Antibiotics are frequently and often inappropriately prescribed to nursing home residents, according to a new study in JAMA Internal Medicine. These antibiotics pose direct risks to recipients and indirect risks to others residents.
Antibiotics are frequently and often inappropriately prescribed to nursing home residents, according to a new study in JAMA Internal Medicine. These antibiotics pose direct risks to recipients and indirect risks to other residents.
“There is very large variability in antibiotic use across nursing homes, and residents in nursing homes with high antibiotic use are at greater risk of adverse events than residents of low antibiotic use nursing homes,” according to lead author Nick Daneman, MD, of the Sunnybrook Health Sciences Center at the University of Toronto.
“Not only does high antibiotic use in a nursing home cause adverse events for residents directly receiving these drugs, but it also causes adverse events for those not directly receiving these drugs,” he added. “However, this should not be that surprising, because many of the harms of antibiotics are transmissible between patients including C difficile infection and antimicrobial-resistant bugs.”
The most commonly prescribed antibiotics in nursing homes, according to Dr Daneman, are:
“These are probably all overprescribed with respect to unnecessarily prolonged treatment durations,” Dr Daneman said. “The urinary tract anti-infectives [ciprofloxacin, TMP-SMX, and nitrofurantoin] are also commonly overprescribed related to inappropriate treatment of asymptomatic bacteriuria in nursing home residents.”
For the study, Dr Daneman and colleagues used linked province-wide healthcare datasets in Ontario, Canada, including information on all nursing home residents, all medication prescriptions, all physician visits, and all emergency room visits and hospitalizations. They studied 110,656 older adults residing in 607 nursing homes in Ontario, Canada, from January 1, 2010, through December 31, 2011. Nursing home-level antibiotic use was defined as use-days per 1,000 resident-days, and facilities were classified as high, medium, and low antibiotic use according to tertile of use. Multivariable logistic regression modeling was performed to assess the effect of nursing home-level antibiotic use on the individual risk of antibiotic-related adverse outcomes. The researchers then compared the risk of antibiotic-related adverse events in residents of those homes, after accounting for other resident risk factors (such age, underlying illness, etc.)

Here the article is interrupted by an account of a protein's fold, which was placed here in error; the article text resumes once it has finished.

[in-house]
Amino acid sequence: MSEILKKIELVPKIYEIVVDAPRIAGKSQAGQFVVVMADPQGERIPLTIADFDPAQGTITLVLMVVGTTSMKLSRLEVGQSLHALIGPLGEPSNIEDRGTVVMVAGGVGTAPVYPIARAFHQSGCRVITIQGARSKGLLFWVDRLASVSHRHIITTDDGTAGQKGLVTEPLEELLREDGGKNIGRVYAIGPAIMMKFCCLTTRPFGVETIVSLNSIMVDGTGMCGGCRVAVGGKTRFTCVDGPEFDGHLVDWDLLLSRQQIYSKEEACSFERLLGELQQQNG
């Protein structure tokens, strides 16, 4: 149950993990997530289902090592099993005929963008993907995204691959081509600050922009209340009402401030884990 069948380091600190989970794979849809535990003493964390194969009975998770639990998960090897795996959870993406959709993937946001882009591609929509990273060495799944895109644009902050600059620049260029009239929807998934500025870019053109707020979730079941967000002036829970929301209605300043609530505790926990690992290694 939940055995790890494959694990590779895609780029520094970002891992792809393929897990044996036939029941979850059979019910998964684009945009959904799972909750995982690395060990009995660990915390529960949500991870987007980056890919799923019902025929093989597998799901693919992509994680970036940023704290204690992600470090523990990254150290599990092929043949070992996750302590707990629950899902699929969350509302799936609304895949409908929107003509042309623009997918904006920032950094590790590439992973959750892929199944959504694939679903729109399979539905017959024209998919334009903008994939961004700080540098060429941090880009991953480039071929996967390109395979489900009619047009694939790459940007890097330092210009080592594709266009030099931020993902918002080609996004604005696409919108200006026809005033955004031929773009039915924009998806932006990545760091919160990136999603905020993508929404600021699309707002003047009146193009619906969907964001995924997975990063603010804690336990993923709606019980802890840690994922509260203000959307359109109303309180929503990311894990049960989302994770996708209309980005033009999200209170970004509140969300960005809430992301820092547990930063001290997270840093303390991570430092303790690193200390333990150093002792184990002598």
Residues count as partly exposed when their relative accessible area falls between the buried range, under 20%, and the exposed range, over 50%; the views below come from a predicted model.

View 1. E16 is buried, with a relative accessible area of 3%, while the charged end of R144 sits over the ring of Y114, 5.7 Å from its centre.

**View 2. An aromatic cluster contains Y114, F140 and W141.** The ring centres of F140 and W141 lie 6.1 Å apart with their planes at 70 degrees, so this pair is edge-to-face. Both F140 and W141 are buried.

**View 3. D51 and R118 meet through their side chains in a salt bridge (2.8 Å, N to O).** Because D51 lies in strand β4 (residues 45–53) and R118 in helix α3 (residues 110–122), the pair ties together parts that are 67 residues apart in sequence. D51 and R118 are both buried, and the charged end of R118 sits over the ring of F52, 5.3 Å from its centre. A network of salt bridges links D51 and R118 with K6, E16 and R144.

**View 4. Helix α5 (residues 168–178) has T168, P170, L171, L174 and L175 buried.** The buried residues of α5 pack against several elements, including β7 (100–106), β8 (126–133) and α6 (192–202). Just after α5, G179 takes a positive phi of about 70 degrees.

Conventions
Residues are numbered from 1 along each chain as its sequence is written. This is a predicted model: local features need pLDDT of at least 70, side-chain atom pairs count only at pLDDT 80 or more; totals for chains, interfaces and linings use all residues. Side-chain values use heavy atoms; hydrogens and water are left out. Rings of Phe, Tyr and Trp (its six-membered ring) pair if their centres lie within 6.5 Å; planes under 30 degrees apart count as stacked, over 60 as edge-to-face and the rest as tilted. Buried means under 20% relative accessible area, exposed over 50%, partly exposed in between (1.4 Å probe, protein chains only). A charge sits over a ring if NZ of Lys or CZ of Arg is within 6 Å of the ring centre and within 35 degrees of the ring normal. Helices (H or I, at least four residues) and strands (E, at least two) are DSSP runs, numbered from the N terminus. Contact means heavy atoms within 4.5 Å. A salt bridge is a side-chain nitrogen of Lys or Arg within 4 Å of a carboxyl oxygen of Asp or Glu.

Antibiotics were provided on 2,783â¯000 of 50,953,000 resident-days in nursing homes (55 antibiotic-days per 1,000 resident-days). Antibiotic use was highly variable across homes, ranging from 20.4 to 192.9 antibiotic-days per 1,000 resident-days. Antibiotic-related adverse events were more common (13.3%) in residents of high-use homes than among residents of medium-use (12.4%) or low-use homes (11.4%) (P< .001); this trend persisted even among the residents who did not receive antibiotic treatments, the authors wrote. The primary analysis indicated that residence in a high-use nursing home was associated with an increased risk of a resident experiencing an antibiotic-related adverse event (adjusted odds ratio, 1.24; 95% CI, 1.07-1.42; P=.003). A sensitivity analysis examining nursing home-level antibiotic use as a continuous variable confirmed an increased risk of resident-level antibiotic-related harms (adjusted odds ratio, 1.004 per additional day of nursing home antibiotic use; 95% CI, 1.001-1.006; P=.01).
“Nursing homes, like acute care hospitals, could benefit from better antibiotic stewardship to ensure that antibiotics are used in an optimal way to maximize their benefits while minimizing their harms,” Dr Daneman said. “Antibiotic use is highly variable across nursing homes, and higher antibiotic use is associated with greater harms."